Time Zone was released in 1981 or 1982. (Again I’m finding contradictory claims. The edition I’m playing says “Copyright 1982″.) It was the sixth of Sierra’s “high-res adventures”, and the fourth designed by Roberta Williams. Graphic adventures had been around for about a year, but they were still a novelty, and Sierra didn’t have any real competition. I said before that it uses the same engine as Mission Asteroid, but there was one significant enhancement to it: the use of multiple disks. If I understand correctly, the only previous multi-disk game from Sierra was Ulysses and the Golden Fleece, and the only thing resembling a multi-disk adventure game predating it that I know of is the Eamon adventure/RPG system (which isn’t really the same thing, because instead of being parts of a whole, the disks there were unconnected modules, sharing only the character data on the loader disk.) Sierra was pretty much the first to need multiple disks, because they were filling those disks up with graphics. They’d continue to make multiple-disk games even as disk capacities increased, ultimately turning out several multi-CD FMV behemoths. As far as I can tell, their code for handling resources spread across multiple volumes didn’t change in any fundamental way from King’s Quest 1 onward. But in these earlier days, the Apple II days, things were a little shakier, the seams more obvious. As I mentioned before, different areas in Time Zone recognize different verbs; this seems to correspond to what disk you have currently inserted.
In content, Time Zone reflects a medium in transition. The earliest adventure games, such as Zork and Scott Adams’ Adventureland, were imitations of the original Adventure: treasure hunts set in caves, in an eclectic vague fantasy setting. There’s no story to such a game, there’s just a player’s progress in exploring the cave and collecting the treasures. But after a while, adventure games started mutating into interactive fiction. I think of Steve Meretzky’s Planetfall as something of a watershed in this regard: it was the first adventure game I played that really tried to provide a believable setting and a story that’s revealed by that setting, rather than a premise that’s just an excuse to put the player through a bunch of puzzles, and a backstory which is brought up at the beginning and the end and otherwise ignored. Planetfall was released in 1983, after Time Zone, and while Time Zone isn’t a dungeon crawl, it’s also everything I’ve just said that Planetfall is not. It belongs to a period when the people creating adventures were branching out into other settings, but still treating them like dungeon crawls.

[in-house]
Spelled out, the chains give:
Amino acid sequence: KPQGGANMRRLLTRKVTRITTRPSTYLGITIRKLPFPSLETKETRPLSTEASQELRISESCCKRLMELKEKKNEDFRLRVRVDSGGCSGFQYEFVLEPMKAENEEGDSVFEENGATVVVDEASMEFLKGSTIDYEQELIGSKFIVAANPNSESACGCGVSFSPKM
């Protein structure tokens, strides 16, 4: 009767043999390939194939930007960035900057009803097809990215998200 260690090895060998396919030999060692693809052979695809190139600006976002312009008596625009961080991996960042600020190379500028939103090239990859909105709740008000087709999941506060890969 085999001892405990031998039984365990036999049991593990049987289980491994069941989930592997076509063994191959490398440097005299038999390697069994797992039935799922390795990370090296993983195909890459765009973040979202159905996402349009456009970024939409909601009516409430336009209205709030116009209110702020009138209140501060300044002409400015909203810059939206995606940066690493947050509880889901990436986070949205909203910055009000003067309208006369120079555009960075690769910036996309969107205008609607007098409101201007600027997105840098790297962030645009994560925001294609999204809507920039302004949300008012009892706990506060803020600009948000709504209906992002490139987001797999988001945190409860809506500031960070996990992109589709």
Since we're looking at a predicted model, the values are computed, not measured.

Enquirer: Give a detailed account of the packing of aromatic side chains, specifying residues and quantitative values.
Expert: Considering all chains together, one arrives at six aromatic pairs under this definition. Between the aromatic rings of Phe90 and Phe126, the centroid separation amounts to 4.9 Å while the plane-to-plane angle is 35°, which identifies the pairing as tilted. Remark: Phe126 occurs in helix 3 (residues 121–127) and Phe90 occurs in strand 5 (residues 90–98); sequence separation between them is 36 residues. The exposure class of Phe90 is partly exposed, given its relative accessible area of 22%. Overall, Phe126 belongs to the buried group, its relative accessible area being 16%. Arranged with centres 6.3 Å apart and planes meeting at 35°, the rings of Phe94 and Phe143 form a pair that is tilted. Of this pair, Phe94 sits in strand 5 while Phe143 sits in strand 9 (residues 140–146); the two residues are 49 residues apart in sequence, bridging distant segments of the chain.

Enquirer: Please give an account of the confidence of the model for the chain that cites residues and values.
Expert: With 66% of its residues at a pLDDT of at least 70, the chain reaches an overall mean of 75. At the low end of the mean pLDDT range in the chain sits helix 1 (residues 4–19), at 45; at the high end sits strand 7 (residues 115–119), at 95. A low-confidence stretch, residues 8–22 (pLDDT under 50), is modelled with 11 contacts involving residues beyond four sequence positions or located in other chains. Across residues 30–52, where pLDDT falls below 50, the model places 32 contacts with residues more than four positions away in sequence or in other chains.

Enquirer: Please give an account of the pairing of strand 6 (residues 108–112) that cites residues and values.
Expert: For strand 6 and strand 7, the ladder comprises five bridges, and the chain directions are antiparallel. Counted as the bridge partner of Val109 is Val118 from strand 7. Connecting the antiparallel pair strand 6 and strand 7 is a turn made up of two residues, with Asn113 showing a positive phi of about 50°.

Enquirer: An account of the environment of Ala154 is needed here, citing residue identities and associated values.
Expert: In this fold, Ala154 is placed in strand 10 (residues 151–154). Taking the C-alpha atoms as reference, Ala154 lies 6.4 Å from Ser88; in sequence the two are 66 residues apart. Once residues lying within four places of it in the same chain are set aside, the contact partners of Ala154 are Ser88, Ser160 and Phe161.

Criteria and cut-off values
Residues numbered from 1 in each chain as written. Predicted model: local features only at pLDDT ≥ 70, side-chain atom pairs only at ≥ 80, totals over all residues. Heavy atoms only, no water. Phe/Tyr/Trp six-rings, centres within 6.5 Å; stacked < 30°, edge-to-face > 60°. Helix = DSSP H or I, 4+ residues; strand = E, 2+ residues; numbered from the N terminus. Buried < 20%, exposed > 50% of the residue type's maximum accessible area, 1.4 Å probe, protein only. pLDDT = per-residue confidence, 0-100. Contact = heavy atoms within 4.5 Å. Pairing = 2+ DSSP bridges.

I’ve noted that Time Zone has a repeated puzzle type involving enemies, both human and animal, who will kill you one turn after you enter their rooms unless you first defeat them with some appropriate weapon. This is turning out to be the dominant type of puzzle in the game, not just because it’s used so often, but also because it takes so much longer to solve than other puzzles. It’s basically guesswork, and guessing wrong ends the game, making you restore a save, which involves swapping disks. It’s a terrible piece of design, and it’s repeated over and over. And it may well be the game’s most influential feature. In 1985, an adventure authoring tool called GAGS was created, incorporating foes governed by a slight variation on this mechanic (GAGS monsters don’t necessarily kill you after one turn, but they do prevent you from leaving the room). I may be mistaken when I attribute this to direct influence, but the resemblance is strong. GAGS games tended to use monsters of this sort a lot, because GAGS was a rather primitive system, capable of only a few predefined puzzle types (also including locked doors and darkness). GAGS later became the basis for a more advanced tool called AGT, which was the first really popular adventure engine available to the public. There are scores of freely-available AGT games on the net, many of them entries in an annual competition held on the Compuserve Gamers Forum. And a lot of them contain the monster mechanic that AGT inherited from GAGS, and which GAGS stole from Time Zone.